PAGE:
Saturday, 15 August 2009


ISOLATION is required for abuse. Repeated abuse can't happen if the person being abused can speak out, be believed and supported, and sanctions are put in place against the abuser continuing. "Divide-and-rule/conquer" is a big part of isolation.
In politics and sociology, divide and rule (derived from Latin divide et impera) (also known as divide and conquer) is a combination of political, military and economic strategy of gaining and maintaining power by breaking up larger concentrations of power into chunks that individually have less power than the one implementing the strategy. In reality, it often refers to a strategy where small power groups are prevented from linking up and becoming more powerful, since it is difficult to break up existing power structures.
One of my main aims with this blog is to articulate and study how patterns of oppression operate on a personal and family level using the same strategies and patterns as political oppression. I believe that the most powerful way for people to become safe from domestic abuse and child abuse is for communities to understand how oppression works and to apply this understanding to all the structures in our lives.
Typical elements of [divide-and-rule] are said to involve
Potentially, siblings living in a household ruled over by a tyrannical abuser could compare notes on their experiences, could identify patterns in his behaviour, could understand more about what their mum's going through and could unite to reduce his power and influence over them all. So before he can exert the worst of his behaviours he must first minimise the chances of this happening. So if a father is sexually abusing one or more children in the household he must say or imply "If you tell anyone ...." - so ISOLATION is so often backed-up with THREATS to be most effective. The other members of the household are silenced, they are divided, and they are ruled.
Children can be easily manipulated into joining in with verbal abuse against mum. They gain a sense of power (and perhaps material rewards from the abuser) from this, making them less likely to ally with mum in future. It can be very effective to play favourites with the children, gaining the strongest alliance from those who behave 'best' in the eyes of the abuser. This has the added benefit of creating jealously between the children and destroying their trust in one another, making them increasingly unlikely to unite against the abuser.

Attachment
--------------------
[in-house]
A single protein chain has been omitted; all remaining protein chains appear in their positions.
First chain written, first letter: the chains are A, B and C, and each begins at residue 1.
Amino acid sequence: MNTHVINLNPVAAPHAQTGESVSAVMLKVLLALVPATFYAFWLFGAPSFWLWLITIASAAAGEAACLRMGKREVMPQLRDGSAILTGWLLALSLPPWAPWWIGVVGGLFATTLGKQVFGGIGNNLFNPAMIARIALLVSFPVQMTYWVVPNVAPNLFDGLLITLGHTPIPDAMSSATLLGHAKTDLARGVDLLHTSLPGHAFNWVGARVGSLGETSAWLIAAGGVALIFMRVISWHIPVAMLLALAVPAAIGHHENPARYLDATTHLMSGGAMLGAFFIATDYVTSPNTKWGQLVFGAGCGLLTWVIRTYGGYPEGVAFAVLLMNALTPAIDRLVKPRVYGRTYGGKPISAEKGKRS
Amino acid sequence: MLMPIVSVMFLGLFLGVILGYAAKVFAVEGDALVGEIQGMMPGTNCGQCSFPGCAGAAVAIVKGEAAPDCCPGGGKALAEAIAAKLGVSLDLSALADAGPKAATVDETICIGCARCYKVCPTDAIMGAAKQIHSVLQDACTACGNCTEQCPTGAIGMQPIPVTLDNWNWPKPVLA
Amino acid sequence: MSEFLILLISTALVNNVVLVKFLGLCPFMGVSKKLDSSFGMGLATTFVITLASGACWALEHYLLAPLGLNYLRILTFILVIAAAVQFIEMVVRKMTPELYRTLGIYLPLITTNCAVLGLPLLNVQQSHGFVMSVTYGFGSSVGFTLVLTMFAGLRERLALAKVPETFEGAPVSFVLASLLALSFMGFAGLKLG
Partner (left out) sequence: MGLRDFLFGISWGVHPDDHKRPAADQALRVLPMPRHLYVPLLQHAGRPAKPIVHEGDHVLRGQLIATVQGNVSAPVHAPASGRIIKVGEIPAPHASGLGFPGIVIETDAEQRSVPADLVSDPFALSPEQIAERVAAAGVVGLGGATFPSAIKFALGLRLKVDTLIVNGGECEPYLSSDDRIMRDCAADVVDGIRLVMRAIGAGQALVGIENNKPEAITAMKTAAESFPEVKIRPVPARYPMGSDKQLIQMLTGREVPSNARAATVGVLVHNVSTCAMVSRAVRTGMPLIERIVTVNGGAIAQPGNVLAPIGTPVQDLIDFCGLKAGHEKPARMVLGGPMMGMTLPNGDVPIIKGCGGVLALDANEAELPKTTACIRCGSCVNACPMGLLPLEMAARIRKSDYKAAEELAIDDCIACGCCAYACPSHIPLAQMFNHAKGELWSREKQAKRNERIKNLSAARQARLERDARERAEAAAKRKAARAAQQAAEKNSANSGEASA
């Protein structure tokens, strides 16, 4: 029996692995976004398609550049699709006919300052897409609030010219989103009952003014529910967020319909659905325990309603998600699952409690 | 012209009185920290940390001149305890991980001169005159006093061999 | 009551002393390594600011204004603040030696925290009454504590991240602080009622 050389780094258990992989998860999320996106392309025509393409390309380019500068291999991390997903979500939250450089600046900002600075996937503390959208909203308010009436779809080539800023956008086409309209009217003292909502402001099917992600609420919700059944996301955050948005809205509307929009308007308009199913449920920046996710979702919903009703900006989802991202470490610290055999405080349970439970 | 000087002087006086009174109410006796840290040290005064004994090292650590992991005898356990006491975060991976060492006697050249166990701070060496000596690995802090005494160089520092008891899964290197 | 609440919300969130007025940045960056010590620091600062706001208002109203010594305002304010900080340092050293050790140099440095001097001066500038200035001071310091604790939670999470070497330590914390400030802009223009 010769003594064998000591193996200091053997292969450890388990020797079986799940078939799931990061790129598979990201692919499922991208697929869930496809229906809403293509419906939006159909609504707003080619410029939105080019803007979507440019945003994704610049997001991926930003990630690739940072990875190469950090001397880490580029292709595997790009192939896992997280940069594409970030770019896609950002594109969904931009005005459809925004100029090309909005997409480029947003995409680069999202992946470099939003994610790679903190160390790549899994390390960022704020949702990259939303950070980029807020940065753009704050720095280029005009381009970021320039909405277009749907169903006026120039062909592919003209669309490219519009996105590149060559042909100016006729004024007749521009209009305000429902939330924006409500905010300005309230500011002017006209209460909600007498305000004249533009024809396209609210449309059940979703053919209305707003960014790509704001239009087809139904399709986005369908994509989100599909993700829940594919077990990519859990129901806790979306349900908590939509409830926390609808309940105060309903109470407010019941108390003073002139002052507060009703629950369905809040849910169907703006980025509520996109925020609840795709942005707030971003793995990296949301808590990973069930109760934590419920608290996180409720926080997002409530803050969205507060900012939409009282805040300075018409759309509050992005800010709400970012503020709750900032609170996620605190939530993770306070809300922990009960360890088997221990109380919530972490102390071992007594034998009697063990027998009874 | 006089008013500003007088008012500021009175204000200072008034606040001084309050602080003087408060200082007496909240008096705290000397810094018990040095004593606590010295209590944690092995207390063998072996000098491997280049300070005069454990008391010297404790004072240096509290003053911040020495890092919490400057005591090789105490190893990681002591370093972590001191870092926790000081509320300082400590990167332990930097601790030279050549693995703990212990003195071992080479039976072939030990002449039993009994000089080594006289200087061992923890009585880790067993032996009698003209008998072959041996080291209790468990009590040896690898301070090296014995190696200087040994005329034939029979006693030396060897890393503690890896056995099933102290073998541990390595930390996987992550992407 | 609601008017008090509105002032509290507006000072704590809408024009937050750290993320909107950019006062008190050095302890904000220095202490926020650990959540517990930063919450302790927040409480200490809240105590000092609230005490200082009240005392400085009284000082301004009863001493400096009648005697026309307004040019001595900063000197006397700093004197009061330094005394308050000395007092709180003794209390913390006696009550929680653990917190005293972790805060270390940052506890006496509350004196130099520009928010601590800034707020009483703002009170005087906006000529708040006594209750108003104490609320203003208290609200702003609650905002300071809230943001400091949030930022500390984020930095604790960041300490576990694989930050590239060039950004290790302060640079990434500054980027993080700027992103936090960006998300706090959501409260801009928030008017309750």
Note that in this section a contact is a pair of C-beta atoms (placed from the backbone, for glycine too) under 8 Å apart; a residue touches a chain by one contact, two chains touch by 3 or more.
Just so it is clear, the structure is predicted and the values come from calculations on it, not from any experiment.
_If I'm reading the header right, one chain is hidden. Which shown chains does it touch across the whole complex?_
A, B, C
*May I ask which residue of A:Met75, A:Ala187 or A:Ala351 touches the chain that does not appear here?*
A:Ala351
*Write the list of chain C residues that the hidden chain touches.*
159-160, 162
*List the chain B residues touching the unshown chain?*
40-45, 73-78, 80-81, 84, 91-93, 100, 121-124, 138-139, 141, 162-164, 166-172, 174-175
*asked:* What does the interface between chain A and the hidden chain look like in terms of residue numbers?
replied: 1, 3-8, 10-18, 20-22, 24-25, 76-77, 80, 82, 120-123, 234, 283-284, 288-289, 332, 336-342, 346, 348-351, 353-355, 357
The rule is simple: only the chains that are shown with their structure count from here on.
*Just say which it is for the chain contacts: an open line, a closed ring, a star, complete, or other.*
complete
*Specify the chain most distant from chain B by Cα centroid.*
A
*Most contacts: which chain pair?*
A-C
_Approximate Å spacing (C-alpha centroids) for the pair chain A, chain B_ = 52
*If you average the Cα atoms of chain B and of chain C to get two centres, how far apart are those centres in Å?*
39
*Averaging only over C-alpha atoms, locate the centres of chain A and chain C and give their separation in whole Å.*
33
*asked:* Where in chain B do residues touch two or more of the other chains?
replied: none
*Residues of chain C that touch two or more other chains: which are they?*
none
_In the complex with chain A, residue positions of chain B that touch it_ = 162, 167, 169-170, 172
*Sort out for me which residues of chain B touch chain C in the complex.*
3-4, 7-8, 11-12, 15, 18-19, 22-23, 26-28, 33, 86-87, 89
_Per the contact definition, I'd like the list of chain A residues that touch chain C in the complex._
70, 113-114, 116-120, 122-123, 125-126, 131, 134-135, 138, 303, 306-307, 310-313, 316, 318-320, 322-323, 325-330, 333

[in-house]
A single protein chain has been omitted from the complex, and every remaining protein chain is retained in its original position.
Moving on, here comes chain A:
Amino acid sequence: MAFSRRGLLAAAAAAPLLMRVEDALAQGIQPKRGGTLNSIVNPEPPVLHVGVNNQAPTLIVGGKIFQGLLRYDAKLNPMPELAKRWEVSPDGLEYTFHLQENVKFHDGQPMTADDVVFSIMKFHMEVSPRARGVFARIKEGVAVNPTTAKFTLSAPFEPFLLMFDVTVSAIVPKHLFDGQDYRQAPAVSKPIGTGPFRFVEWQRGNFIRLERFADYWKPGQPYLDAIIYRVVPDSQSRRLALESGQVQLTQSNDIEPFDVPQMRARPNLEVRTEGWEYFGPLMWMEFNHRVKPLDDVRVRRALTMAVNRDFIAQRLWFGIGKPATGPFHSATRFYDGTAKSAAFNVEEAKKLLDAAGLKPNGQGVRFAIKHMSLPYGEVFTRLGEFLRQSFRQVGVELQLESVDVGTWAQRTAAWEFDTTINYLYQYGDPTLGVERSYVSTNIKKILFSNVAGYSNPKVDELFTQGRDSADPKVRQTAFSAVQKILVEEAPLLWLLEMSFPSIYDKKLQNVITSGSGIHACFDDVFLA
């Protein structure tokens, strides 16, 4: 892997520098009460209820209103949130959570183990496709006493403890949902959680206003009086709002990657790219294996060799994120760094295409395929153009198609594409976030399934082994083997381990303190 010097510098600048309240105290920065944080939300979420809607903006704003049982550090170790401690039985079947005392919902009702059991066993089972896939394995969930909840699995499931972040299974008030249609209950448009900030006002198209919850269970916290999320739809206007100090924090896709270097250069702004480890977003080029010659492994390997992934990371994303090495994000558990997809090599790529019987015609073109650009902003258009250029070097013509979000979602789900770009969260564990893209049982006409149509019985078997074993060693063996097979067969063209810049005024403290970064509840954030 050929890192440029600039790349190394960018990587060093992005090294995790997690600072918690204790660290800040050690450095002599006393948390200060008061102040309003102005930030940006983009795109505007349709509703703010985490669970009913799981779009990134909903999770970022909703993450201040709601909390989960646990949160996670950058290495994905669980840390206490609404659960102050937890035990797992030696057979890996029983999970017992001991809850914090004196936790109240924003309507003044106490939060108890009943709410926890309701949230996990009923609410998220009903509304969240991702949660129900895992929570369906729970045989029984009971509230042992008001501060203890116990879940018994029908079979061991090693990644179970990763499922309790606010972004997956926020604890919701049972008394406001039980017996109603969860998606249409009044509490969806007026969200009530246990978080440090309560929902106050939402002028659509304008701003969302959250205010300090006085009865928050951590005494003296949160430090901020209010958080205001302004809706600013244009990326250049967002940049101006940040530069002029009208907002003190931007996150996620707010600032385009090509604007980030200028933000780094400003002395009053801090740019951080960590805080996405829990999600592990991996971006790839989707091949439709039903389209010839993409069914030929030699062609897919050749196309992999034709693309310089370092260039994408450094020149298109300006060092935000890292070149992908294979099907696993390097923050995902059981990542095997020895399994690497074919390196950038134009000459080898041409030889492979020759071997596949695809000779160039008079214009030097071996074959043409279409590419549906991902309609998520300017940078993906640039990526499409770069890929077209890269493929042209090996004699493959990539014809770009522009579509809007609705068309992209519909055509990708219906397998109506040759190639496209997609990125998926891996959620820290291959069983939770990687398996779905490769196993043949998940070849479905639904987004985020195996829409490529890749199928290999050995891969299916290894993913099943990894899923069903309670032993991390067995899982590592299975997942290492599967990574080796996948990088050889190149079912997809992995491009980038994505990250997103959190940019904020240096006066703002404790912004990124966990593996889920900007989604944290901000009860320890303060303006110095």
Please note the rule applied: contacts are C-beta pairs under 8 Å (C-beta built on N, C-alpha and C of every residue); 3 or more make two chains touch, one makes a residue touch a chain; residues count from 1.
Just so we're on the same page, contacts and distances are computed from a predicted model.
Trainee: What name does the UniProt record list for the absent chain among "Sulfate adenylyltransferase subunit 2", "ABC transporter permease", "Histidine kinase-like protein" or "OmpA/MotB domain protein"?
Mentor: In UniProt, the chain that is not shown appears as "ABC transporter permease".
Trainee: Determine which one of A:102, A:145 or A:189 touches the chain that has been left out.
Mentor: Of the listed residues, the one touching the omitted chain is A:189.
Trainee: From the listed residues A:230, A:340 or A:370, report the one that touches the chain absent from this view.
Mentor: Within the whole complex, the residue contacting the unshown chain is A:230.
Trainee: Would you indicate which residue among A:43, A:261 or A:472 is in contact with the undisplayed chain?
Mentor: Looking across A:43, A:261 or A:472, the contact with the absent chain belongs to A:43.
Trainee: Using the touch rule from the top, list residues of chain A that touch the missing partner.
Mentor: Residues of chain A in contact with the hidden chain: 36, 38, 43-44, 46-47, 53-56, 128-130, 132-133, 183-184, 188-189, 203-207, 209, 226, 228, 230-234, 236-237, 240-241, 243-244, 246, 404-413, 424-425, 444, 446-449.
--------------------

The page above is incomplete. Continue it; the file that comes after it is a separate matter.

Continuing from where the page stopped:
There is more to say about this, more to say, more to say...

1 comment:

  1. This thread really struck a chord for me. Growing up with domestic violence, I never tied in the 'playing favorites with the kids' with the abuse. The feeling of always competing to be the 'good one' rather than the 'bad one' lead to great insecurity. The violence that erupted between my brother and I around this, and what felt like the condoning of his violence, obviously made me feel extremly angry, but this anger (and that at seeing the way my dad treated my mum) had to be suppressed. What played out between my mum and dad played out between me and my brother. To this day he will not talk about the violence we grew up with (although he was more at the hands of it from my dad than i)and i wonder if that woul mean admitting not only those feelings of being a powerless male (masculinity)but also his own guilt at how he played out the violence, and his own fear that deep down he liked what that power over someone, that control felt like. I can totally see how the divide and rule idea worked in my home, it always felt like #everyman for themselves'. As an adult out of the environmnet, with my own autonomy, i can now offer that loyalty, that solidarity to my mum. On another note, i do strongly agree that isolation is a core method of control in all abuse situations, dependency on the abuser for what feels like your 'right to survive', critisism of one's choices, eg. we (me and mum) could never wear polo neck jumpers in my house or tie our hair up, (apparently it made us look like lesbians') control over how one spends her time, mum could never see her freinds as dad accused her of affiars and/or being a lesbian. i could go on. I just appreciate the chance to share my ideas through my experiences and actually to break that more desperately powerful of abusive strategies: silence.